CONVERSATIONS · slice of life

The Legend of Great Uncle Carl

Today’s latest and greatest Ari moment can only be told after you know the Legend of Great Uncle Carl.

There aren’t many tall people in my family or my husband’s side of the family. According to Schaefer Family Legend, Great Uncle Carl, my father-in-law’s uncle, was tall. Just how tall was Great Uncle Carl? I’ll never know since he passed away well before I met my husband 15 years ago. But by the way people made it sound for the first ten years of my relationship with Marc, Great Uncle Carl was at least 6’4” before old age made him shrink an inch or two.

In the years that followed Isabelle’s birth, I’ve invoked this giant of a man from time-to-time when Isabelle didn’t want to eat her dinner. Slowly, I learned (from my mother-in-law) that Great Uncle Carl wasn’t so tall. She said that in his heyday, Great Uncle Carl wasn’t more than — wait for it — 5’10”! (That’s still tall by my family’s standards, but 5’10” does not a skyscraper make.) So, I stopped invoking Great Uncle Carl with Isabelle.

A few days ago, after a few years of not invoking Great Uncle Carl’s stature, I told Ari about the legendary Great-Uncle Carl who was a towering figure. You see, Ari was not eating well, which is out of character for him. Talking to him about getting tall enough to ride the next set of rides at Hersheypark wasn’t working so I thought the image of Great Uncle Carl would give him something to aspire to. And it did — for a night.

This evening, my cranky three-year-old (who didn’t nap) refused to eat dinner. We took him upstairs and figured he would drink a cup of milk and then go to bed. But Ari refused to sip on the straw. I begged and pleaded for Ari to drink his milk since his belly was virtually empty, but he refused.

Even through Waterlogue, I bet you can tell how unamused and sleepy Ari was this evening.

“Why don’t you want to drink your milk?” I asked.

Ari mumbled something that I couldn’t make out.

“I didn’t understand you. Would you say it again?”

“Because I don’t want to get as big as Great Uncle Carl,” he weeped.

I stifled my laugher, which was hard because that was NOT the answer I was expecting. I went into reassurance mode (make that panic mode) and told Ari, “You don’t have to get as big as Great Uncle Carl. He wasn’t really that tall. You can get as big as Daddy if you want. It doesn’t matter just how tall you are. What matters is that your belly is full. So, what do you say? Have some milk.”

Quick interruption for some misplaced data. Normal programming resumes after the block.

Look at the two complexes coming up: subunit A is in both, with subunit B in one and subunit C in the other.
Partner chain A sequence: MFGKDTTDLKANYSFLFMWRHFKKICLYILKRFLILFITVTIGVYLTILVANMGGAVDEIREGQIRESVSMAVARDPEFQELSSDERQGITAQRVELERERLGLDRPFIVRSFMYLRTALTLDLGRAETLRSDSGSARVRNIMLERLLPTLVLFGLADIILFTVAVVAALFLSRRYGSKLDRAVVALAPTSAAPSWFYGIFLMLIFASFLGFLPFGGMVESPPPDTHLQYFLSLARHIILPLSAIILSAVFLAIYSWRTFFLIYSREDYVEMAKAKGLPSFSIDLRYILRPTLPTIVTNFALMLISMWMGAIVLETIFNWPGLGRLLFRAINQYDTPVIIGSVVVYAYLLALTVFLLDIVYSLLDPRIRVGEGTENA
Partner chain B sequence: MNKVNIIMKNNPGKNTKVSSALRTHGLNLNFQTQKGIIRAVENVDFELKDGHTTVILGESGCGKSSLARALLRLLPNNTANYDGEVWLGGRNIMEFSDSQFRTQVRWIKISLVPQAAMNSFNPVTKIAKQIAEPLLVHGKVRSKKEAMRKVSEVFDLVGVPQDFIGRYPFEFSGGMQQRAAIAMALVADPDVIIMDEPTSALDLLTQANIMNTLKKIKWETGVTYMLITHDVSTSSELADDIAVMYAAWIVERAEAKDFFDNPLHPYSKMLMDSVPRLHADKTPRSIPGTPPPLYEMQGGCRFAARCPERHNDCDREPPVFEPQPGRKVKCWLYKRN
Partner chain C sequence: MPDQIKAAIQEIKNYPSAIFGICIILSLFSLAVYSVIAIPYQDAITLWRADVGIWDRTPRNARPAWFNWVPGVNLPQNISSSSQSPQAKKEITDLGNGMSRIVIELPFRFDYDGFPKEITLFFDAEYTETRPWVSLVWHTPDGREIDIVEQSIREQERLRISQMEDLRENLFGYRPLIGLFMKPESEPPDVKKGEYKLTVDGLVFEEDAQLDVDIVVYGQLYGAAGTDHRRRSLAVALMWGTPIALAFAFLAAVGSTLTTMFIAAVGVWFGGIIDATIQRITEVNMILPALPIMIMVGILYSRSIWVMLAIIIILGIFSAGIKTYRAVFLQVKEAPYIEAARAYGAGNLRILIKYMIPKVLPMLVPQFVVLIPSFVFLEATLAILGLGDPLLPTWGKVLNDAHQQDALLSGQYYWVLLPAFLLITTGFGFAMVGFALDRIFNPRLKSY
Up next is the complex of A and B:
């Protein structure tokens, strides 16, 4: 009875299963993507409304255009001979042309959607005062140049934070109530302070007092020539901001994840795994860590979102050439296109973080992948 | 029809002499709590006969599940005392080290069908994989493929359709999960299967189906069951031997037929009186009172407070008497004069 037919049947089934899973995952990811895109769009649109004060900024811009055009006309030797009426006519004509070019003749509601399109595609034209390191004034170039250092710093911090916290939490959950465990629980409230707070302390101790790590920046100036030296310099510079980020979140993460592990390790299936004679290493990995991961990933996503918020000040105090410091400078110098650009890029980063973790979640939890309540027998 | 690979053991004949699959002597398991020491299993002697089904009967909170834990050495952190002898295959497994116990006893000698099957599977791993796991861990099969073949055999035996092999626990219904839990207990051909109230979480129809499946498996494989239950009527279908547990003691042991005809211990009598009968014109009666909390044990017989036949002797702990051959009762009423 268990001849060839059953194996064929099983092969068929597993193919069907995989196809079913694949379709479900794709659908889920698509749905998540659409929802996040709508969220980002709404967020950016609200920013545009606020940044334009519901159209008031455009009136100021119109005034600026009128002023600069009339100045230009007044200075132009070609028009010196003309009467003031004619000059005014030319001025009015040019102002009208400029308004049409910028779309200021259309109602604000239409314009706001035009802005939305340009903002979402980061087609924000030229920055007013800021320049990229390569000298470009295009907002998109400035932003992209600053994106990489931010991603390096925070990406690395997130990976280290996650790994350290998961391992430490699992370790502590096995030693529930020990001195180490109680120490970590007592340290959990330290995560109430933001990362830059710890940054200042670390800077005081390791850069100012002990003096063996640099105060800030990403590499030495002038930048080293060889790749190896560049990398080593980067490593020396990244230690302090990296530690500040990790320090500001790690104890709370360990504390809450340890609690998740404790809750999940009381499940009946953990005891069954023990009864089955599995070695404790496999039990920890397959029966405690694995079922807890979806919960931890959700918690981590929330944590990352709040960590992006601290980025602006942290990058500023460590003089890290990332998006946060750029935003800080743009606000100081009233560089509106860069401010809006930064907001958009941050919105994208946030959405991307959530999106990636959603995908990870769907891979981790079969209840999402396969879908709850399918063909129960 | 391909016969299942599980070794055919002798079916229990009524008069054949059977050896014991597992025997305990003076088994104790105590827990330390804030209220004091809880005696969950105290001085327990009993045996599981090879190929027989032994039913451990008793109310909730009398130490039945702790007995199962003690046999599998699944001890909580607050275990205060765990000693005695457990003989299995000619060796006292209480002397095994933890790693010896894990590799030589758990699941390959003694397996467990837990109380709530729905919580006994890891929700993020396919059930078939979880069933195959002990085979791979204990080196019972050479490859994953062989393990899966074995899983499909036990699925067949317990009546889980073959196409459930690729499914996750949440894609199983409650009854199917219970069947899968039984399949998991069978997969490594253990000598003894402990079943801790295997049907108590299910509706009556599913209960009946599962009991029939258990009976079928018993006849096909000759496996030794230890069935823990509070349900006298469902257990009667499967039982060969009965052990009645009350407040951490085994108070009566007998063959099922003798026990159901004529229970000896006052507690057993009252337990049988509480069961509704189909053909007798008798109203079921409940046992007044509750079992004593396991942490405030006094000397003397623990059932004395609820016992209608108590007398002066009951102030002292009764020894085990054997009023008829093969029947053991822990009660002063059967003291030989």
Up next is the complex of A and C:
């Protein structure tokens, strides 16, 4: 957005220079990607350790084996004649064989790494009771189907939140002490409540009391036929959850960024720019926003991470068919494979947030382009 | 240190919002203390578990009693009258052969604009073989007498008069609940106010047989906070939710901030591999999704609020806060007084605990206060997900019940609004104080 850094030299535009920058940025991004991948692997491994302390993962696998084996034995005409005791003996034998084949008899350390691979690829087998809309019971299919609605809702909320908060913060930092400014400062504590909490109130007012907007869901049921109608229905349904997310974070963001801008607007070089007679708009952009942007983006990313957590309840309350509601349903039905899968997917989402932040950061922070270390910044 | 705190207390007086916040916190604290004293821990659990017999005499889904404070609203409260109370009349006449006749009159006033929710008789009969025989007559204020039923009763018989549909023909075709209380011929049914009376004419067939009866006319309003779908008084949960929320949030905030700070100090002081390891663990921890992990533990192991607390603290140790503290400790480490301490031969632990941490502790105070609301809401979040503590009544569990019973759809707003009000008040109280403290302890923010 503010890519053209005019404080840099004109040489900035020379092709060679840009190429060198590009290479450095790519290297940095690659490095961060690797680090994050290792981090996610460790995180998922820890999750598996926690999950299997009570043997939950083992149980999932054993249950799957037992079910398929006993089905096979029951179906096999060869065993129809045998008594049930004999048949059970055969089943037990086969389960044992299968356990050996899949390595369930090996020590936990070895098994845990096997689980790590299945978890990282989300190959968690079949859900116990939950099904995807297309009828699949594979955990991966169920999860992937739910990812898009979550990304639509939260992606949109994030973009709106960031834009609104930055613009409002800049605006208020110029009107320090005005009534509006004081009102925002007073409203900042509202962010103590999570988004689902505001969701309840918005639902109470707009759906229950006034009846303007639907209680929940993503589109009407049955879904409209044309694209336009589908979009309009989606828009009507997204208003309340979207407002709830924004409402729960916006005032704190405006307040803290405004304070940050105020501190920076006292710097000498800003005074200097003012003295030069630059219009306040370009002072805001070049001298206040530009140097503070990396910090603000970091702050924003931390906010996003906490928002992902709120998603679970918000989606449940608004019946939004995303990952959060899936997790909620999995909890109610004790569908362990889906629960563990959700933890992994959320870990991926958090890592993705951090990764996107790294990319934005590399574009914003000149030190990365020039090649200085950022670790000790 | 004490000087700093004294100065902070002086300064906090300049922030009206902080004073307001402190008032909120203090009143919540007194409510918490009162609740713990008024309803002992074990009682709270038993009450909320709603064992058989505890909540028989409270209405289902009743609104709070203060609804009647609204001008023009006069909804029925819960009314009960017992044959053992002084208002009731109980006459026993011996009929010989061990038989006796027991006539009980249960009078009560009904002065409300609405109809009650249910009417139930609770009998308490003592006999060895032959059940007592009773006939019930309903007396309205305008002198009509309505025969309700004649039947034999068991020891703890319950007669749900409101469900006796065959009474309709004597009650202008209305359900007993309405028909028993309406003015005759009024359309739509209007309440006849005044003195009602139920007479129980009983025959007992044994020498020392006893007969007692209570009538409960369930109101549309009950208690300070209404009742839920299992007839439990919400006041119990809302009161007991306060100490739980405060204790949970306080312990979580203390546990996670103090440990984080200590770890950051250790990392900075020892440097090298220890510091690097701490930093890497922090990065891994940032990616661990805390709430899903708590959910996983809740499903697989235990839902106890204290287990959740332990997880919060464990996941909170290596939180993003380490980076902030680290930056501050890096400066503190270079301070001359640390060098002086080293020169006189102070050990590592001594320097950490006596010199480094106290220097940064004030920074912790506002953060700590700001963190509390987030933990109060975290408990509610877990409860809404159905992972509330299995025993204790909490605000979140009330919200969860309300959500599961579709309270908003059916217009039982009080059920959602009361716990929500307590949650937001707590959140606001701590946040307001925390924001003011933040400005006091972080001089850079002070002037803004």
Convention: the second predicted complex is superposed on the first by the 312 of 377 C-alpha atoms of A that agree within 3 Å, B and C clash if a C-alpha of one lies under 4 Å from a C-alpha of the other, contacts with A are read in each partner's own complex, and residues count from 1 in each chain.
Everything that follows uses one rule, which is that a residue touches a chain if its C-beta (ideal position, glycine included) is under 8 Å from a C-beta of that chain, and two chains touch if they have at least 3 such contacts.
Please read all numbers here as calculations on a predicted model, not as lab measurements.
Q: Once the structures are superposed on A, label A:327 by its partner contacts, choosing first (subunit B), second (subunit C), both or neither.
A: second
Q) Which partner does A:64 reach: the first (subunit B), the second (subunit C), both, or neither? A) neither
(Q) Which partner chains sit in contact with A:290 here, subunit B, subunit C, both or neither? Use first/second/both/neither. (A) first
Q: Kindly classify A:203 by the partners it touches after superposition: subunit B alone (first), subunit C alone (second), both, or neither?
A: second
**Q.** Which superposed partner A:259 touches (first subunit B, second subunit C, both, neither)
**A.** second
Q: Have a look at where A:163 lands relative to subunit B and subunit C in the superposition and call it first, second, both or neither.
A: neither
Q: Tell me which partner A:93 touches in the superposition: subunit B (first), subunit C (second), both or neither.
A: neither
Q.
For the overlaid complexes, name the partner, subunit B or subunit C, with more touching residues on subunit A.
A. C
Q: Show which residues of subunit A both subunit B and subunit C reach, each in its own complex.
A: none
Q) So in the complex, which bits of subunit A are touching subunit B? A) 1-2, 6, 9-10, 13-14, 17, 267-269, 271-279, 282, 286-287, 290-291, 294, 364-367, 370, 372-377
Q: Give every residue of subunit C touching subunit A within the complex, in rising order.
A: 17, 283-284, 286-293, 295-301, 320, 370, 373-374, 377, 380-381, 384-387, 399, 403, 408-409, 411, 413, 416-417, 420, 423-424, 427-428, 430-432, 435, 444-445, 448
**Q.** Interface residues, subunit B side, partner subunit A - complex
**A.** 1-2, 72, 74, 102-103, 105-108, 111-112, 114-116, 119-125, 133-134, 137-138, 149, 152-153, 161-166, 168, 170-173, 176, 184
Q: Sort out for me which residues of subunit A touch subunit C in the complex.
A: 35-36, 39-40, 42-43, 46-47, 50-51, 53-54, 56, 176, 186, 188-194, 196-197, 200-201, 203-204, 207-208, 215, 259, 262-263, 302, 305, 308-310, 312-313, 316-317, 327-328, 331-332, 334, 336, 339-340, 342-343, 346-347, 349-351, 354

“No!” Ari said shoving the cup away from his face.

There were no more legends to lean on. I was beaten so I murmured the only question I knew that would be answered affirmatively, “Do you just want to go to sleep?”

“Yes!” Ari declared. In a flash, he grabbed his blanket and walked over to his bed. Within minutes he was fast asleep.


20 thoughts on “The Legend of Great Uncle Carl

  1. Tall tales
    tumble and fall
    from family
    stories, a call
    to remember
    the towering figures
    of our past,
    legends interlocking
    with the present

    — Kevin, a poem as a comment

  2. What a fun tribute to your uncle – and little Ari is onto something; it can be terribly hard to be TOO tall! I love hearing the thought processes of children. Their insights and perceptions are endlessly fascinating. I once described my step-grandfather as “tall” (he died just before I turned three) and my father laughed: “No, he wasn’t! He was about 5’4!” My dad didn’t think I really remembered him. But when I said Papa wore a gray worksuit every day, my dad stopped laughing… a reminder to consider the perspective of a child. Papa was tall to ME. And that Waterlogue -! It’s breathtakingly beautiful.

    1. Wow! You clearly DID remember him!
      BTW: I remember my mother’s parents as being extremely tall too. (NOTE: Neither one was over five feet by the time they became grandparents!)

  3. I love how children interpret the world, and Ari has his own way, that’s for sure. Poor Ari – who can sleep when they’re thinking about giant great uncles? (In our family it was “eat your bread crusts and your hair will be curly.” We, of course, have stick-straight hair. My sister, ever stubborn, adamantly refused because she did NOT want curly hair AT ALL.)

  4. Oh, dear! The challenges of that age! My boys are – wait for it – 25, 20, and 18! But, they are all still as stubborn as your three-year-old! This experience has already made a great memory for you! I’m sure there are more to come! I’ll bet he did fine going to bed on an empty stomach! 🙂 Loved the story!

    1. He’s been waking up earlier now that he’s not drinking milk at night. It’s frustrating, but it is what it is. (Right now he’s been sick with a fever so I’m just hoping to get back to normal soon.)

  5. We have had eating issues with Kieran for 14 years. He is in a new phase of not eating enough and then wondering why he’s dizzy or has a headache. I really connected with what you wrong here. Sweet Ari!

    1. As soon as they realize that eating well helps them feel their best, it’s a whole new world. (Neither of my kids have gotten to that point yet, but if Kieran’s age is any indication, then we have several more years until that self-awareness kicks in.)

  6. We never know what our stories shape into in the head of a child. Or how the stories morph in general, like how big was Great Uncle Carl.
    BTW: the book I am reading is in Estonian, Tõnu Õnnepalu “Aaker.” I am not aware if any of his books have been translated.
    March is right around the corner. Are you getting excited already?

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